When chia seeds, goji berries and quinoa are no longer the superfoods du jour, these companies will presumably wind down and the farmers will be left to contemplate the wisdom of basing their long term economic hopes on the vagaries of dietary crazes in rich, distant countries. The hucksters who promote superfoods will have made their money and moved on to some other weight loss or health-promoting scheme.

Balancing your diet

To be fair, conservationists may be able to take advantage of uninformed wingnuttery to help save some of the Amazon rainforest, so it may not be all bad. Stable, sustainable production of quinoa may help with food security in the developing world but this is a long way from happening, and is not thanks to promotion in the developed world by health food enthusiasts.

I’m not suggesting that variety and healthy choices are not important. I’m also not suggesting that we as a community should continue with the eating patterns that have us contending for the title of World’s Most Obese Country..

I am suggesting that valuable media airtime should be spent educating people how to prepare and plan a varied, balanced diet. Claims for biological effects of individual foods should be based on credible sources not promoted beyond the evidence. Conflicts of interest should be disclosed if the food is being promoted in the media. The core messages about healthy eating should not be lost in the dense fog of hemi-facts emitted by the engines of the health food industry.

I’m all for selling cookbooks to make it easy and fun to prepare healthy meals, but can we drop the pretence that there are short cuts to be taken with miracle foods?

Michael Vagg is Clinical Senior Lecturer at Deakin University School of Medicine and Pain Specialist at Barwon Health. He does not work for, consult to, own shares in or receive funding from any company or organisation that would benefit from this article, and has no relevant affiliations.

The ConversationThis article was originally published at The Conversation.


  • That’s an impressive piece of writing. With so much talk about the reputation of media and false news, this article hits the nail on the head several times.

    Most people I ask no longer believe what’s written in the newspaper or spoken on TV and have lost faith in web based news sites. That’s a sad state of affairs when you think about it. The media then crow about how righteous they are. “It’s not us, it’s those other nameless media outlets, honest!” Or “all the fake news comes from Facebook!”.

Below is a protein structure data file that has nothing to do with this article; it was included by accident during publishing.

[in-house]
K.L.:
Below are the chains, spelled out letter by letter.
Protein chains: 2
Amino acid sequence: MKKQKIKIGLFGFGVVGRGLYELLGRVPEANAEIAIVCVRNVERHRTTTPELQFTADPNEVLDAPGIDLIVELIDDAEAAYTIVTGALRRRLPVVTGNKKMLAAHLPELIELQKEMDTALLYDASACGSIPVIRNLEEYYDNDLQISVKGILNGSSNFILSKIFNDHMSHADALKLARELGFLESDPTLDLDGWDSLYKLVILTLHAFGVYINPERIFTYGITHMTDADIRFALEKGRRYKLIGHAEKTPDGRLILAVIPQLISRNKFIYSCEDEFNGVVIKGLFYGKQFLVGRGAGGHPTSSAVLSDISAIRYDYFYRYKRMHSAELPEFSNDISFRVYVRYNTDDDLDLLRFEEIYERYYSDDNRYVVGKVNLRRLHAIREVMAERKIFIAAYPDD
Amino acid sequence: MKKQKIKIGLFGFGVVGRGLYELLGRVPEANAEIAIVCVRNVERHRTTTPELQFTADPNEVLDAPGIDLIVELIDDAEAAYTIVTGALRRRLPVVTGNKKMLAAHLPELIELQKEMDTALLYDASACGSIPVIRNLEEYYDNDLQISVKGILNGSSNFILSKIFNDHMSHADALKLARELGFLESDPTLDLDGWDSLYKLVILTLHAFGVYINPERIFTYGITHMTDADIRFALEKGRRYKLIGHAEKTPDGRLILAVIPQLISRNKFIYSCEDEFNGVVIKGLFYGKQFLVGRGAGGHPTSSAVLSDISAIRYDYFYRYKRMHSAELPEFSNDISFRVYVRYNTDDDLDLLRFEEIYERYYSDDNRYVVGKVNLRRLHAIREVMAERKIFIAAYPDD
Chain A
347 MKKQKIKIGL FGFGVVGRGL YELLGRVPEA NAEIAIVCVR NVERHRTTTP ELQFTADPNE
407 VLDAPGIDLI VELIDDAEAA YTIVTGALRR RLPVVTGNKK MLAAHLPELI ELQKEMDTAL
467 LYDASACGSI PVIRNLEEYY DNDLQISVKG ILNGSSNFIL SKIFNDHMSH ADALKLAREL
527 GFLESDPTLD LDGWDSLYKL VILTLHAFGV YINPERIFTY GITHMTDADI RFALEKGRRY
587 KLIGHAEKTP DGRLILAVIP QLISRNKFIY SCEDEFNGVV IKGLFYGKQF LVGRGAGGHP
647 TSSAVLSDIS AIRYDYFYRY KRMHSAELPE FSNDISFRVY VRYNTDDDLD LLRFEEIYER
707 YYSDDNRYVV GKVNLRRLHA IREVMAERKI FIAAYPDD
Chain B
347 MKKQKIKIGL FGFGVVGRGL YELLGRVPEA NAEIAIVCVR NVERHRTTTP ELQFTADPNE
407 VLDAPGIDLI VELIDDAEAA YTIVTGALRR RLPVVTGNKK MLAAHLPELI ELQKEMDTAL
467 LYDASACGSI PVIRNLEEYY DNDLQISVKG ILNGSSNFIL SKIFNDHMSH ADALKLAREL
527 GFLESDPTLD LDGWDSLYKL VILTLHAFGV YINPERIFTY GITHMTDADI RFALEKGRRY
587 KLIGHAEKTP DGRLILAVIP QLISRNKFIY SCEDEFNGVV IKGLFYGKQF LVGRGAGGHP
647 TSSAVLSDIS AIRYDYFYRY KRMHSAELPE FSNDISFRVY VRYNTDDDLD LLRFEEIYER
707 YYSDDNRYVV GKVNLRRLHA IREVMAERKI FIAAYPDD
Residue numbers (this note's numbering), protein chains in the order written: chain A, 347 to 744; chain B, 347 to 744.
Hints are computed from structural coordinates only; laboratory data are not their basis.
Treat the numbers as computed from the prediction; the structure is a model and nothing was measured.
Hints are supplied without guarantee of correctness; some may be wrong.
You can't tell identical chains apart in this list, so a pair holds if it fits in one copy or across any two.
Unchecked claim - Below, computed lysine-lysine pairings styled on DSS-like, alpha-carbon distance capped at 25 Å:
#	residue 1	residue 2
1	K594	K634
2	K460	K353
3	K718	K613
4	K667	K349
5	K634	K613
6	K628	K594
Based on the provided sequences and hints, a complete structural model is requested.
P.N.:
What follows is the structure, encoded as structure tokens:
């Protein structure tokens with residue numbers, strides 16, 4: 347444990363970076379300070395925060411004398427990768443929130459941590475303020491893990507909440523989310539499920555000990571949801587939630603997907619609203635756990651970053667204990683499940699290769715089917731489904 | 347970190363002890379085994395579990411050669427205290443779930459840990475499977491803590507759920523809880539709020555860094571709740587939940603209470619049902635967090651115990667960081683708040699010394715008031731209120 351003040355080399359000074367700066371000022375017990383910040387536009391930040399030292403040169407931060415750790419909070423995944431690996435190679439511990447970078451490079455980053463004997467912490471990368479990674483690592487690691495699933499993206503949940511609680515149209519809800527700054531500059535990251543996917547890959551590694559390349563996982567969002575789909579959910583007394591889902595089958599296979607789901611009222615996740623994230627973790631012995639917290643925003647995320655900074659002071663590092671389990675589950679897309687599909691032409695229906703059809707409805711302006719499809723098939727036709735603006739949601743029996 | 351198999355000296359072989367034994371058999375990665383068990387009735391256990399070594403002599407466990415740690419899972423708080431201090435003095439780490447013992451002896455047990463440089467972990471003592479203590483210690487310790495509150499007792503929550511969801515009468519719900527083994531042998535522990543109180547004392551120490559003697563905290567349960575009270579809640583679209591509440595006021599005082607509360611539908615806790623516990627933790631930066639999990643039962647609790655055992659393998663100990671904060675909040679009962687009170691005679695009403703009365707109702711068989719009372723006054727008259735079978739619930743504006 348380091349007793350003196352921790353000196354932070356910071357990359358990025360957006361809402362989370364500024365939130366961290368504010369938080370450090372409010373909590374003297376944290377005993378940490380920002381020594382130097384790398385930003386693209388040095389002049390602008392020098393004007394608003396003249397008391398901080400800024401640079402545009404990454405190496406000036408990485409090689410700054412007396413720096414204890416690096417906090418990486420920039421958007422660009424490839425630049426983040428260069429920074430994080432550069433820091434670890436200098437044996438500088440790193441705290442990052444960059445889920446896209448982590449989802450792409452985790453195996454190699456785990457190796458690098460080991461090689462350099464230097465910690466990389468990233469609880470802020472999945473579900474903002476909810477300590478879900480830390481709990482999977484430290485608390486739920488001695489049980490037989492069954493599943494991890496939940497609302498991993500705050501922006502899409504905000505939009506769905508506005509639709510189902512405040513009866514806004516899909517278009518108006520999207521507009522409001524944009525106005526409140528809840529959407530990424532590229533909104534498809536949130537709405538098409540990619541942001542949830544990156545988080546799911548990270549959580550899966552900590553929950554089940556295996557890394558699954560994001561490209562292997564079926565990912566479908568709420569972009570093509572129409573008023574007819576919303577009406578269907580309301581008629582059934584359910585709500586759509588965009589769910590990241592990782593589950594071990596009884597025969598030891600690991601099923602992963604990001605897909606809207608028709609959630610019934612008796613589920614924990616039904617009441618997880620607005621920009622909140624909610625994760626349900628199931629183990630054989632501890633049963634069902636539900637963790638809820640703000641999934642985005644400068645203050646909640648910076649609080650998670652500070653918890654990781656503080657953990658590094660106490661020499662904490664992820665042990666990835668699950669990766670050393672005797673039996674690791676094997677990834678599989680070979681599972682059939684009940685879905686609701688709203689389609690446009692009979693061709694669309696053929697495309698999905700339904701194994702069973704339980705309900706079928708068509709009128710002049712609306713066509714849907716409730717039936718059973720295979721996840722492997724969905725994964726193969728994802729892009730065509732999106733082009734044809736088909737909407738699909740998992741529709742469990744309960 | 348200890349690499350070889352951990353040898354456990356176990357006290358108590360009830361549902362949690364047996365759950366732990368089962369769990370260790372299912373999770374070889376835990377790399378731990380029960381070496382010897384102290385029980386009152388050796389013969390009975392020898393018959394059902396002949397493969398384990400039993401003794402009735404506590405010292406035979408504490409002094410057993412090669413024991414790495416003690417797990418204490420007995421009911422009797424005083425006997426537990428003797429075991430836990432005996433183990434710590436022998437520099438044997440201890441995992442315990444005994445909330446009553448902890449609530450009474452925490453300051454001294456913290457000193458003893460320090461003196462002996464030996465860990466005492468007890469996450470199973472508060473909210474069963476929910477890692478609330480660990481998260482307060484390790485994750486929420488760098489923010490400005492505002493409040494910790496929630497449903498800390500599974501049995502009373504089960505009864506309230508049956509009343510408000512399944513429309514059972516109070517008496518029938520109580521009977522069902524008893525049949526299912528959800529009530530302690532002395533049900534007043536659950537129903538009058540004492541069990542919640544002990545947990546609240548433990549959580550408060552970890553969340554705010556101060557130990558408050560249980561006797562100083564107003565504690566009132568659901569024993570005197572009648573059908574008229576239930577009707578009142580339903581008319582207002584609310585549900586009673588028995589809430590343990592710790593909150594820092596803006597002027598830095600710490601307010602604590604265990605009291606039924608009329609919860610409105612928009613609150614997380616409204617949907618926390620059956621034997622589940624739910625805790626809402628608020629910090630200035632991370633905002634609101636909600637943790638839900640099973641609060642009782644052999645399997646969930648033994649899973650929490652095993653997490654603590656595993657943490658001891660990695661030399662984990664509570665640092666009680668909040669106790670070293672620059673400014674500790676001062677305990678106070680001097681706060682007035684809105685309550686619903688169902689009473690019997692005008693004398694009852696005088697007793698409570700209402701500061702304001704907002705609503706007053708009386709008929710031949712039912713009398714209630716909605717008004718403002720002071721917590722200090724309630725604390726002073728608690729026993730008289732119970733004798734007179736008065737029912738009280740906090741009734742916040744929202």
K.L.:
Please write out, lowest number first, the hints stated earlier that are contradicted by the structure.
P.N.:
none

In a way, we are all responsible. The advent of the Internet created a belief that news should be free. By doing so, we whittled down profits of most media outlets and the quality of our media can’t help but drop. With the outflux of decent journalists to better paying jobs, the media void is filled with special interest groups and those trying to make a buck by promoting snake oil like Dick Smith Electronics shares.

    Is it possible to make money ethically in media today? I think so, although I openly declare I don’t have visibility behind the scenes to truly know. I still believe that being ethical (breaking the media status quo of today) will garner trust and respect and a solid following, but, most probably only for the first media outlet that siezes the opportunity. Until then, we’ve got what we’ve got and the snake oil merchants and special interest groups will be the mouthpiece to the masses as more people tune out.

  • Are these the same dietitians that are still banging on about eating low fat foods and lots of carbs? The same ones that insist you drink 8 glasses of water a day, and avoid salt all all costs?

    My own personal experience is that many doctors and ‘accredited’ health practitioners are well behind the science – that they have, in many cases, decades of catching up to do. It takes a long time for the official health practitioners to catch up with the scientific facts and latest research, so that sometimes you have to do the research yourself to find out whether the advice you’re getting from your current mainstream practitioners is up-to-date and still valid. This is also true of the standard government health advice and that provided by the health insurance companies.

    Having said this, I realise that it is very hard for them to keep up and learn new things, and to acknowledge that many of the so-called truths they have lived with for a long time are not valid anymore. My doctor openly admits that he has a hard time keeping up. It’s like dentists who still claim, wrongly, that amalgam fillings are perfectly safe – when the leakage of mercury poisoning into the body has been proven quite conclusively a long time ago.

    I agree that the superfoods fads are more about eating highly nutritious uncontaminated natural foods rather than universal panaceas for all ills.